Georg W. Bertram

Art as Human Practice - An Aesthetics

(German title: Kunst als menschliche Praxis)
ca. 225 pages
Georg W. Bertram

Georg W. Bertram

Georg W. Bertram is a professor for philosophical aesthetics and theoretic philosophy at the Freie Universität of Berlin.

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English world rights (Bloomsbury), Spanish world rights (Comares)


In the theory and philosophy of art, it is common practice to emphasize the difference between art and other human practices. This hinders the tangibility of the plurality of art forms and the relevance of art in the framework of human life. For this reason, Georg W. Bertram advocates a new beginning in the definition of art and defends the thesis that it is in the engagement with pieces of art that different purposes of human practices are re-negotiated. In this sense art is a highly productive, reflexive practice within the relationship between humans and their environment. And, even more than that: art is a practice of freedom.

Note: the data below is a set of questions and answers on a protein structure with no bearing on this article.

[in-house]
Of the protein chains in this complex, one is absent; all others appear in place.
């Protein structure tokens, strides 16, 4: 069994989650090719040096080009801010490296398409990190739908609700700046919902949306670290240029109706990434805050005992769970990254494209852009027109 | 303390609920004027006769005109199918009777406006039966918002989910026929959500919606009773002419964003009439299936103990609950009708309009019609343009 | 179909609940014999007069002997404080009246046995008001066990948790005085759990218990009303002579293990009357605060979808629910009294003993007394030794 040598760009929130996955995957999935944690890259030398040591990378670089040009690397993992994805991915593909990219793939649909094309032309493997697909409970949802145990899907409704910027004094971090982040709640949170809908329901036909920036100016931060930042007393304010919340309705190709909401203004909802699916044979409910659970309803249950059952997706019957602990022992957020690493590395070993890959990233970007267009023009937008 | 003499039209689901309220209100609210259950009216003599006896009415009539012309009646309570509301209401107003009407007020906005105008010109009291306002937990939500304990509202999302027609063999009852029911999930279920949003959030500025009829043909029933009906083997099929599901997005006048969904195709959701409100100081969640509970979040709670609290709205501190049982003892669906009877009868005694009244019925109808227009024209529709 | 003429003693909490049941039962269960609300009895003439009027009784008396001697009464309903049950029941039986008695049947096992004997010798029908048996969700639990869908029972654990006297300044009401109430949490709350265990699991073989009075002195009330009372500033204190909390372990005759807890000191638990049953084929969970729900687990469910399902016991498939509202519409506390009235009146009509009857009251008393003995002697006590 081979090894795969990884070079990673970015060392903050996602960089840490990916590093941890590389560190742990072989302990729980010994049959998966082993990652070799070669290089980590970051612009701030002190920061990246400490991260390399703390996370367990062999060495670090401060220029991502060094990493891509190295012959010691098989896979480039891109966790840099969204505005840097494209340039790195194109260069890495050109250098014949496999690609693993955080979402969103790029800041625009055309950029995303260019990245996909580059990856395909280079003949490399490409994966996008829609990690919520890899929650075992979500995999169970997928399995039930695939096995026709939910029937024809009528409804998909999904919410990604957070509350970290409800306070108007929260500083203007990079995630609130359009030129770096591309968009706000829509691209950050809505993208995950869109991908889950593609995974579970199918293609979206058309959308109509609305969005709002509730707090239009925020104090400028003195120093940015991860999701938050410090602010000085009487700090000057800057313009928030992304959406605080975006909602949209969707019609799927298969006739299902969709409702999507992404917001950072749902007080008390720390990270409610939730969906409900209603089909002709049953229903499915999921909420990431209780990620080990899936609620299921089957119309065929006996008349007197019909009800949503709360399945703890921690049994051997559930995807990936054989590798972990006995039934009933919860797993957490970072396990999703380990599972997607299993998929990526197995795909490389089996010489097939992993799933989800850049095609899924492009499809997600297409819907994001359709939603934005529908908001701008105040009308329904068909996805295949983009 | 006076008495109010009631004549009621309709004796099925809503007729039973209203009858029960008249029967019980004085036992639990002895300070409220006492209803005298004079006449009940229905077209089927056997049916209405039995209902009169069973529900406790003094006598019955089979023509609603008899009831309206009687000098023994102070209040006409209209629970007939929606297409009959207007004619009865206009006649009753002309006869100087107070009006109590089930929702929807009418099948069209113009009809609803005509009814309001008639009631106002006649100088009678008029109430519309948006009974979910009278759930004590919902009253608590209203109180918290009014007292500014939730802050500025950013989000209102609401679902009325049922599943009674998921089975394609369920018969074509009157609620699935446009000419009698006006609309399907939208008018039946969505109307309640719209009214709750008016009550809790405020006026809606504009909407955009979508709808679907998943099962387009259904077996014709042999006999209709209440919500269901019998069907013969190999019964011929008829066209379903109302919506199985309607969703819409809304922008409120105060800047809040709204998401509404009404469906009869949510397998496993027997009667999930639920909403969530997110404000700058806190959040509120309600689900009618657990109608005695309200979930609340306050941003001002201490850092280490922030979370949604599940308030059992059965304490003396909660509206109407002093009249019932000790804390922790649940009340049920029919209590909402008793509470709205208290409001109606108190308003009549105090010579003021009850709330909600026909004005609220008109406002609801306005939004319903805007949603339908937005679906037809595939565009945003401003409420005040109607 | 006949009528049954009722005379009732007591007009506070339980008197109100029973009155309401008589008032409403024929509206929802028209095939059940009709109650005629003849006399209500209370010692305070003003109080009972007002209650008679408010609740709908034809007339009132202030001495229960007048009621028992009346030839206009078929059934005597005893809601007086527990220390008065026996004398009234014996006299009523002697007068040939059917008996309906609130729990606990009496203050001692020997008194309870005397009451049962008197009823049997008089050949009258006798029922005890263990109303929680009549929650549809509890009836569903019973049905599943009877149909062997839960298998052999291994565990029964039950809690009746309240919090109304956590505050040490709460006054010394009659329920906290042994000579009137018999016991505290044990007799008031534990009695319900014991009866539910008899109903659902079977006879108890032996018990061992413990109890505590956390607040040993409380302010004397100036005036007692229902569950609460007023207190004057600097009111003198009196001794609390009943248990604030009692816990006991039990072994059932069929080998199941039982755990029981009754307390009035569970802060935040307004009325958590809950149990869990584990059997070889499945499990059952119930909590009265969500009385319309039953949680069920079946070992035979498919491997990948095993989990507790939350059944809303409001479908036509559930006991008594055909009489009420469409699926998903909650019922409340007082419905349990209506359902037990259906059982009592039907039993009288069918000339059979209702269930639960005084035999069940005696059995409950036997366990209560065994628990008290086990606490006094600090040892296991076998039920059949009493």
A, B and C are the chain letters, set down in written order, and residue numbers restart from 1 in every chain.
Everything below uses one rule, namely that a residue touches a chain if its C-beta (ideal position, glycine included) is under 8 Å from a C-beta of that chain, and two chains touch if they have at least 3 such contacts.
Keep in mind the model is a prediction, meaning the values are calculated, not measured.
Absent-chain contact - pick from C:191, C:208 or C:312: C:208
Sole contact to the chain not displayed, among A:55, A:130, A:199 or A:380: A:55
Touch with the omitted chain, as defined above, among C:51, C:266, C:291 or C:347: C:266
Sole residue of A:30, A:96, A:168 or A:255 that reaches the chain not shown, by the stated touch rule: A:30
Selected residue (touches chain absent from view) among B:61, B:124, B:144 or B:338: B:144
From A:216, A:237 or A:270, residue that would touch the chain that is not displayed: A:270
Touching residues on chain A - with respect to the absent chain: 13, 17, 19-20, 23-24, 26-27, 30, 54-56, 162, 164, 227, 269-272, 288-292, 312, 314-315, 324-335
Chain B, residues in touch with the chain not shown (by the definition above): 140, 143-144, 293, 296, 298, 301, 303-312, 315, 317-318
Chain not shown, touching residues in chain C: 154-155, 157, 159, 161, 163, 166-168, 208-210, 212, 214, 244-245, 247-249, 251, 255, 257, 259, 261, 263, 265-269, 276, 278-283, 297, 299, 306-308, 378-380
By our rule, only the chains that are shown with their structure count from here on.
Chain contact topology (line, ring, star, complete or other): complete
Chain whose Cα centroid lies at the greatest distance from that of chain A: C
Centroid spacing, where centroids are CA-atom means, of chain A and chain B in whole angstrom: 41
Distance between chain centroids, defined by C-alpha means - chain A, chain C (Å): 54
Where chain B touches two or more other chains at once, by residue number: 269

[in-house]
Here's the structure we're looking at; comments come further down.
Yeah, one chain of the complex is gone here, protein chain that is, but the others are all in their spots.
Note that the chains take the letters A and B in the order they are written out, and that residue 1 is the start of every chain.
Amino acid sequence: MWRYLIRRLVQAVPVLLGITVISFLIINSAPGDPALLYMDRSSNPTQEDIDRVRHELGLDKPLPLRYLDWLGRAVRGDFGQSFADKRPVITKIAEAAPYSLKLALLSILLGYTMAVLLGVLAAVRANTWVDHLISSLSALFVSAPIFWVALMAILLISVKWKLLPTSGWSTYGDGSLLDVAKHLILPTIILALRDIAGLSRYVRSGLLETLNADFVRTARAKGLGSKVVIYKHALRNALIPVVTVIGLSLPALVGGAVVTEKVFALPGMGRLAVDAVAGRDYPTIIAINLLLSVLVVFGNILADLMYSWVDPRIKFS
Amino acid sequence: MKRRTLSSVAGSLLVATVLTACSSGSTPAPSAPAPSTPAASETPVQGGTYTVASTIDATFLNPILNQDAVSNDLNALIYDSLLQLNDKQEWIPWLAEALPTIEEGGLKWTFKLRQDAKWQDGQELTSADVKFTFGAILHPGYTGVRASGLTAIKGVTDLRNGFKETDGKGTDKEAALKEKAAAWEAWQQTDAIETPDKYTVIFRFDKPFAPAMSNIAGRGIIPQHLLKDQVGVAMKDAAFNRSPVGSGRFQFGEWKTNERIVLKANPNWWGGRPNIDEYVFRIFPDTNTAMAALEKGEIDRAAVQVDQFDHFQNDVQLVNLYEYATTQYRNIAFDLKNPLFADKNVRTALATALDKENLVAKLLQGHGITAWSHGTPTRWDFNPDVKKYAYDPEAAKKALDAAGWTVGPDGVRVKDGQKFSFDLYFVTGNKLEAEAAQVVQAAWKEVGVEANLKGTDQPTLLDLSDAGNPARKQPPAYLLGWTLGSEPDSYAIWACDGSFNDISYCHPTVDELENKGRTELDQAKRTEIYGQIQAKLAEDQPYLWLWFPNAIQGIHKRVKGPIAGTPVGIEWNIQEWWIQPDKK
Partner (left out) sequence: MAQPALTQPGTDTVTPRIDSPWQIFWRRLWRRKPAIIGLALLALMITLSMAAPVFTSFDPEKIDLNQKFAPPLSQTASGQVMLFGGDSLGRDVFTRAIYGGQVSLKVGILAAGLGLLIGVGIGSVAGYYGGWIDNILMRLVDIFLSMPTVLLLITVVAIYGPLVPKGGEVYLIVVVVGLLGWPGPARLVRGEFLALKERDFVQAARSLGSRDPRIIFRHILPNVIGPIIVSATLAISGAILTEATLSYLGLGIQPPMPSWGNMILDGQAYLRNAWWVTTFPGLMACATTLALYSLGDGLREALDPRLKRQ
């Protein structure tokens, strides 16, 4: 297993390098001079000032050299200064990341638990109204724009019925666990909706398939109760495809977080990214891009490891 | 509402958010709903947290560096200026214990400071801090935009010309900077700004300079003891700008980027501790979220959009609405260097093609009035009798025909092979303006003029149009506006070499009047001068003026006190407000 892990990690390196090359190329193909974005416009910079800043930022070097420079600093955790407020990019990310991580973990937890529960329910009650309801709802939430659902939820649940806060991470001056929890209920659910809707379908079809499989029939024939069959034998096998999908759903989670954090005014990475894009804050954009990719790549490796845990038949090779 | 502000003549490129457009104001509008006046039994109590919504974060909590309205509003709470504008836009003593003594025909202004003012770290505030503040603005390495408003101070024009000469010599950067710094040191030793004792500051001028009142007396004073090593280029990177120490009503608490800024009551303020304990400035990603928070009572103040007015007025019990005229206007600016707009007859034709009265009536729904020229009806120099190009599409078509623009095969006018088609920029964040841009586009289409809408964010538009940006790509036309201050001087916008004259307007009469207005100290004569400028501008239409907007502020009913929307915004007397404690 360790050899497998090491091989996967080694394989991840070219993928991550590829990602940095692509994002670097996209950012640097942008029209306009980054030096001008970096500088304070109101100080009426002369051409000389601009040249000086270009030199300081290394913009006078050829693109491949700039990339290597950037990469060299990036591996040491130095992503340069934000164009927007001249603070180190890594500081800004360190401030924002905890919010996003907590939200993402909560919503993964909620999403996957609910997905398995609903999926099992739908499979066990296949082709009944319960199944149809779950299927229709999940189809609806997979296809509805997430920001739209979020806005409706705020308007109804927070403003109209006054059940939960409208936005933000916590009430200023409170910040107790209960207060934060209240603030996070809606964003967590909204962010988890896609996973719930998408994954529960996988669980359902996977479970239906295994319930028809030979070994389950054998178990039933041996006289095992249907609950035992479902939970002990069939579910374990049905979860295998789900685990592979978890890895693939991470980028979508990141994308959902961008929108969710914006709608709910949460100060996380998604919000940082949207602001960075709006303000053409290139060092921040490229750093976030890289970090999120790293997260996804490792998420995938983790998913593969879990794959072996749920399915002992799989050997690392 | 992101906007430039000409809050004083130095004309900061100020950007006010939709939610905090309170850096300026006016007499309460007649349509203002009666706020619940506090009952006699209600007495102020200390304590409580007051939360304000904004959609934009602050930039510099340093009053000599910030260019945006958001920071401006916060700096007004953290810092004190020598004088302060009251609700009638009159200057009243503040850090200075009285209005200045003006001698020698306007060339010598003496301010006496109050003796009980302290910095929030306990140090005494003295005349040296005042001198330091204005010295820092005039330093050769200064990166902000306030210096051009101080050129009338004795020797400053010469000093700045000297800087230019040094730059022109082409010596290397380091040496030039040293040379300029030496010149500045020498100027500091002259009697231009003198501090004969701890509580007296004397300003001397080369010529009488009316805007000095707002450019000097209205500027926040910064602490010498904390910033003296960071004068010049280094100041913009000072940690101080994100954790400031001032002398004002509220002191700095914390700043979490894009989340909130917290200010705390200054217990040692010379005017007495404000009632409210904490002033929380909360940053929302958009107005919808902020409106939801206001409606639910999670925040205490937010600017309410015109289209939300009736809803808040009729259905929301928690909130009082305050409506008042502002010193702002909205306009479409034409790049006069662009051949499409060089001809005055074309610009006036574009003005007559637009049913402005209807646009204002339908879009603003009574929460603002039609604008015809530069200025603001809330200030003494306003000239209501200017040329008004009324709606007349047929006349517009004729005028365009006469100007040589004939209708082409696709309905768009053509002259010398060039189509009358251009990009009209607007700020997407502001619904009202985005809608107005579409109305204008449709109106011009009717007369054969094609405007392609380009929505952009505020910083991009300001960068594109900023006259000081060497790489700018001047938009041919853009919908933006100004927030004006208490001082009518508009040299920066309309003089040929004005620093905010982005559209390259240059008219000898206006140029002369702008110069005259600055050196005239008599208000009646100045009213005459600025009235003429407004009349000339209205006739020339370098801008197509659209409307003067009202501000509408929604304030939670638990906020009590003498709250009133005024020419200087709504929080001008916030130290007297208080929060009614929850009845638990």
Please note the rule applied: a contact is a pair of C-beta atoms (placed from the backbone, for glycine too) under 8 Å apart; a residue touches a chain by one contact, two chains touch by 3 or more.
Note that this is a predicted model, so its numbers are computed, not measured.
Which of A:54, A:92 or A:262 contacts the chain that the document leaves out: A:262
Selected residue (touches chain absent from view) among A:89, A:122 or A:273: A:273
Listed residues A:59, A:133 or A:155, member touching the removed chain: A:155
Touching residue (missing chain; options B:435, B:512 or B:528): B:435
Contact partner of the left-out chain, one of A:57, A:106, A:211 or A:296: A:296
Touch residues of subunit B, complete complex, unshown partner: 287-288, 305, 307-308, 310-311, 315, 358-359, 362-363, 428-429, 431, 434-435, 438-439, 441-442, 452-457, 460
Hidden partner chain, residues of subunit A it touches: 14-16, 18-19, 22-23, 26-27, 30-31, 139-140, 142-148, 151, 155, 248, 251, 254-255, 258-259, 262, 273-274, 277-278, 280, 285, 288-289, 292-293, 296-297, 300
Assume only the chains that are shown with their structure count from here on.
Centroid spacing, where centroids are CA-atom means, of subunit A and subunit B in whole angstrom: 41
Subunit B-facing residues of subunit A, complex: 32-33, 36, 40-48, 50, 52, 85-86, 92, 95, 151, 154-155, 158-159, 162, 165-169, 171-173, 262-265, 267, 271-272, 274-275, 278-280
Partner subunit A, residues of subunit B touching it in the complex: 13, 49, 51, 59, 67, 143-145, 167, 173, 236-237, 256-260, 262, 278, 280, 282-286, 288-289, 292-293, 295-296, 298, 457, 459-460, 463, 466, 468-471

The explanation of art in philosophical aesthetics is often hampered by two shortcomings. On the one hand, the aesthetic difference is emphasized in a one-sided way. On the other hand, one investigates too exclusively the specific objecthood of art. Both of these shortcomings have the consequence that the relevance of art within human practice is not grasped in a satisfying way. Art as Human Practice develops an explanation of art that tries to avoid the shortcomings mentioned above. This is possible if one gains an adequate conception of the structural position that art occupies within human practice. Art must not be conceived as a practice alongside other practices. Rather, art has to be conceived as a practice that engages human practices in general: i.e., as a reflective practice. The explanations that are developed in the book deal with several positions in the history of the philosophy of art from Kant to Carroll. The fundamental idea is presented in terms of a reactualization of a thought that Kant and Hegel have made available. That said, the book does not aim to elaborate Kant and Hegel, but rather to develop and defend a systematic account of art. The systematic account presented rectifies the shortcomings that are often tied to the conception of aesthetic autonomy. Many conclusions of philosophers like Goodman, Danto, Adorno, and others can be justified if they are distinguished and set free from the conception of aesthetic autonomy. Such a justification is what the book aims to achieve.